The Pilgrims vowed on their honor to reimburse the Nausets as soon as possible. The place where they found the corn and made this promise is known to this day as Corn Hill.

It was lucky for the Pilgrims that the Nausets were away at their winter hunting ground, because the Nausets hated Englishmen. Six years before, in 1614, an Englishman named Thomas Hunt had abducted a large group of Indians from New England, including twenty Nausets, to sell into slavery. If the Nausets had been home when the Pilgrims walked into their village, the history of America may have taken a decidedly different course.

SquantoOne of the Indians abducted in 1614 by Thomas Hunt was the legendary Squanto. Squanto had somehow escaped slavery and lived for a time in England before finding his way back to America on a merchant trading vessel.

Squanto became a great friend to the Pilgrims. He served as translator and helped broker an alliance with the powerful chief Massasoit. Squanto also taught the Pilgrims how to plant the corn they had taken from the Nausets. In fact, the First Thanksgiving was celebrated with the successful harvest of the Nauset corn.

The Pilgrims soon fulfilled their promise to reimburse the Nausets. They sailed back across the bay and traded fairly with the Nauset chief, Aspinet, and formed a lasting friendship with the Nauset Indians.

Squanto and PilgrimsWord spread among the tribes of New England that the Pilgrims had righted the wrong they committed in their first desperate days in America. The Pilgrims had demonstrated a remarkable toughness in their survival on the beach, and now they proved to be honorable and honest people. They paid for the corn because they believed was the right thing to do, but it also turned out to be good diplomacy.

The fair dealings of the Pilgrims led to fifty years of peace with the Native Americans of New England. This peace allowed the Pilgrims, and the pioneers who followed them, to establish a foothold of freedom in America, and begin to build the democracy that would one day reach across the continent.

The Most Italian of Vegetables



When we think of Italian cuisine, eggplant and tomatoes usually come to mind. But the most Italian of all vegetables is actually broccoli.

Broccoli was invented in Italy. During the Roman age, the farmers of Italy selectively bred broccoli from a sea cabbage that grew wild along the Mediterranean Coast. Broccoli is the enlarged unopened flower of that ancient wild plant.

A Broccoli Floret Late in the Season, Just Ready to Flower

A Broccoli Floret Late in the Season, Just Ready to Flower

Broccoli was a staple in the kitchens of Italy a thousand years before eggplant was introduced from India or tomatoes arrived from the conquest of the New World.

The French began to cultivate broccoli in 1520, and the English finally adopted this crop late in the 1700’s. But broccoli did not catch on in America.

Those old nineteenth century varieties of broccoli required ten long months to mature. They had to be sheltered during winter and they were very susceptible to pests. Only the most skillful and patient of gardeners, like Thomas Jefferson and John Randolph, managed to grow broccoli, and even then it was more of a novelty.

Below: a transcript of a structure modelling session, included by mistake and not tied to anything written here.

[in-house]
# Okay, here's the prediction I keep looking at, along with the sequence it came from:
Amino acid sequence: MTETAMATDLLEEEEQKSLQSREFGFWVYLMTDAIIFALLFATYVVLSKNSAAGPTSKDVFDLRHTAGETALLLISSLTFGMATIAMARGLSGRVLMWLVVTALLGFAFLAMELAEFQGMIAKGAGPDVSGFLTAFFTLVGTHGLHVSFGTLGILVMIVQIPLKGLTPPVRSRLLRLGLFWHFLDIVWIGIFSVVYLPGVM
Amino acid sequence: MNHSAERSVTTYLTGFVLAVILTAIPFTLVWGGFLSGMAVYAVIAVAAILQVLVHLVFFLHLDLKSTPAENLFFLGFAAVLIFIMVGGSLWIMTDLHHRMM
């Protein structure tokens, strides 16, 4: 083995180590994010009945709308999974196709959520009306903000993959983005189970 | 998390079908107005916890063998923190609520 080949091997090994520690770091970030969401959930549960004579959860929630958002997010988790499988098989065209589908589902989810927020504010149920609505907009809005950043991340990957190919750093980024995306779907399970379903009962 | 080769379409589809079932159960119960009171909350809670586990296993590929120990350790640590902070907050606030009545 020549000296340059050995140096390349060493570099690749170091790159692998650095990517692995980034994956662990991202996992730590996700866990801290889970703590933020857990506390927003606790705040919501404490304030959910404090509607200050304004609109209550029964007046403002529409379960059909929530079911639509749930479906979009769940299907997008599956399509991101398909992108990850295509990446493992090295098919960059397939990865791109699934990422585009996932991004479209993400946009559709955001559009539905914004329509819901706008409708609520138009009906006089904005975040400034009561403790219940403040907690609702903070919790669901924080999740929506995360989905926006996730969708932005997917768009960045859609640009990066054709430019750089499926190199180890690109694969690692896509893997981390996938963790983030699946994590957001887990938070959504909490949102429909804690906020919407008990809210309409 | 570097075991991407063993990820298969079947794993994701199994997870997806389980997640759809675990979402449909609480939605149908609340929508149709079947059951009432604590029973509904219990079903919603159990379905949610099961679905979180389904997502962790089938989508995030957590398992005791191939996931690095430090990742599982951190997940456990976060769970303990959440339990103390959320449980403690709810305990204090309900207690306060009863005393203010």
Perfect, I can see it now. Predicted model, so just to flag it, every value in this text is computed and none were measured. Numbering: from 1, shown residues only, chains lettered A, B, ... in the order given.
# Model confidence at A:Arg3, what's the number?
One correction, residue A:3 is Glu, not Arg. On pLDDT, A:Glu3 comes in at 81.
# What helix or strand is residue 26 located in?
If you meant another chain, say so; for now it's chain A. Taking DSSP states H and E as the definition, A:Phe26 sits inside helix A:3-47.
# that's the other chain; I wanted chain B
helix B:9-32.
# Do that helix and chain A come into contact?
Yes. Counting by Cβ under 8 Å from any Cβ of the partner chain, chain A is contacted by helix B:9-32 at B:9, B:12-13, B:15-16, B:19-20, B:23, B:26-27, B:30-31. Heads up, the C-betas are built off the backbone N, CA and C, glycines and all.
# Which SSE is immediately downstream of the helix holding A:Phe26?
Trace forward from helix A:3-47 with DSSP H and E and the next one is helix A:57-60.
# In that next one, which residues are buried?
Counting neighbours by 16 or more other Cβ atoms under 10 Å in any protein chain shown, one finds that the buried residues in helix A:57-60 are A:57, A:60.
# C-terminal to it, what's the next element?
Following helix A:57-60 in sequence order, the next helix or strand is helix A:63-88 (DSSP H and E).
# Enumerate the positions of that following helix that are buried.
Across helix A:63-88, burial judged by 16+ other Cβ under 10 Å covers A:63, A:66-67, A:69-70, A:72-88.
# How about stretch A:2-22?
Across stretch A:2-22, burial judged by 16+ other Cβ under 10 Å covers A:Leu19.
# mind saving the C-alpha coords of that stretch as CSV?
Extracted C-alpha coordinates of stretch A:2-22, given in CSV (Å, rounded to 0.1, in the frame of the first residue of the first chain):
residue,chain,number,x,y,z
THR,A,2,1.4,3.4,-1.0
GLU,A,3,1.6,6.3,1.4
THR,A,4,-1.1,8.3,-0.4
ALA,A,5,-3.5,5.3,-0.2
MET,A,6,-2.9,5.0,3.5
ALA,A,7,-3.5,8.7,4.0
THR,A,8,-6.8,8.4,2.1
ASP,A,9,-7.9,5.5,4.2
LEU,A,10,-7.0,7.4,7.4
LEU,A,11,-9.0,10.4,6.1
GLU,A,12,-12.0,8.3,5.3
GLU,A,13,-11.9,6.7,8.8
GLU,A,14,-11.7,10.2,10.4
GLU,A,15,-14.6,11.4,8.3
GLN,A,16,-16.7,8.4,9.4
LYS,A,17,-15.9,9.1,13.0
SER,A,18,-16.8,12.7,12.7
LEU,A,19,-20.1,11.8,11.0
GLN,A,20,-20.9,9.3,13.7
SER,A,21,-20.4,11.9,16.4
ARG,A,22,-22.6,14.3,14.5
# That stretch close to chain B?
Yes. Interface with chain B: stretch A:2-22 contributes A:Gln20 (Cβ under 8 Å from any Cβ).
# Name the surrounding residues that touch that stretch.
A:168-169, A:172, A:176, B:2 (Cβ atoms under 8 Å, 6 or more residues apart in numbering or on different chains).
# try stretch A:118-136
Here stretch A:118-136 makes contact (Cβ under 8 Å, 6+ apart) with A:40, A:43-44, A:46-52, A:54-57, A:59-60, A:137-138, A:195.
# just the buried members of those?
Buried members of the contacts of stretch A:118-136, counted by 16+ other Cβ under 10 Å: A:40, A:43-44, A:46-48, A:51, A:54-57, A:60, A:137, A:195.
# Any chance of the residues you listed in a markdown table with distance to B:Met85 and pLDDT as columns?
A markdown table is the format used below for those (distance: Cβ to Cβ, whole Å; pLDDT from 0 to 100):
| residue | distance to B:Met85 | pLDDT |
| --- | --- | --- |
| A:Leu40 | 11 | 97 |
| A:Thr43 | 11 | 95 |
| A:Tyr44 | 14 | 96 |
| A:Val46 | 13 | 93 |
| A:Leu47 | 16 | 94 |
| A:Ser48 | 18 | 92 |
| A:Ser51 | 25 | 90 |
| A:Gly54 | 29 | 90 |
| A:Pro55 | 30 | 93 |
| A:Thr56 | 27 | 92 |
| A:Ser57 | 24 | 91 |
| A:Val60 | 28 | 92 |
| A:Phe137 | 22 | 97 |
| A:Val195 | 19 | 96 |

Cauliflower Has a Similar Growing Culture to Broccoli

Cauliflower Has a Similar Growing Culture to Broccoli

Then, in 1923, two brothers, Stephano and Andrea D’Arrigo, immigrants from Italy, planted broccoli on their farm in San Jose, California, in growing conditions similar to the Mediterranean climate of their homeland.  They used seeds that were mailed to them from Italy.

The D’Arrigo brothers shipped their freshly-picked broccoli on refrigerated railroad cars to markets in Boston and New York.  This was one of the first successful cross-country shipments of fresh produce.  Broccoli sales quickly soared in Italian-American enclaves along the East Coast.

andyboy-logoThe D’Arrigo brothers were also the first to brand their produce.  They packaged their broccoli under the Andy Boy label, and their marketing campaign of the 1920’s and 30’s helped establish the popularity of broccoli across America.  The D’Arrigo Brothers is still a family owned company and is now being run by the fourth generation of D’Arrigos.

Broccoli Spacing of 12 Inches Companion Planted with Vegetables and Herbs

Broccoli Spacing of 12 Inches Companion Planted with Vegetables and Herbs

Broccoli is a cool-weather vegetable, and the time to plant it your garden is now.  A good way to plant broccoli is in the 2-1-2 pattern. Plant two broccoli transplants side-by-side about seven inches off-center in a wide row. Move fifteen inches down the row and plant a single broccoli transplant in the center of the row, then move another fifteen inches down and plant two more broccoli transplants side-by-side.

This 2-1-2 pattern leaves space on either side of the middle plant. Fill this space with dill, cilantro, or parsley to repel pests from your broccoli and to add color and fragrance to your garden.  This intensive planting causes the leaves of the plants to grow together to form a canopy over the soil, which helps keep the soil cool and moist and provides a hiding place for beneficial predators.

Dozens of Tender Florets will Sprout after Main Head is Harvested

Dozens of Tender Florets will Sprout after Main Head is Harvested

Broccoli matures in about eighty days. Harvest the large head that forms in the center of each plant, but leave the plants in the ground to harvest those dozens of tender florets that will continue to sprout.

In the spring, sometime around March, the sprouting florets will immediately open into small yellow edible flowers.  This is a sign that your broccoli is finished for the season, and you can plant your favorite summer produce in its place.

Deep in the Art of Texas

(Bluebonnets, Robert Julian Onderdonk.  Courtesy Art Museum of South Texas)

(Bluebonnets, Robert Julian Onderdonk. Courtesy Art Museum of South Texas)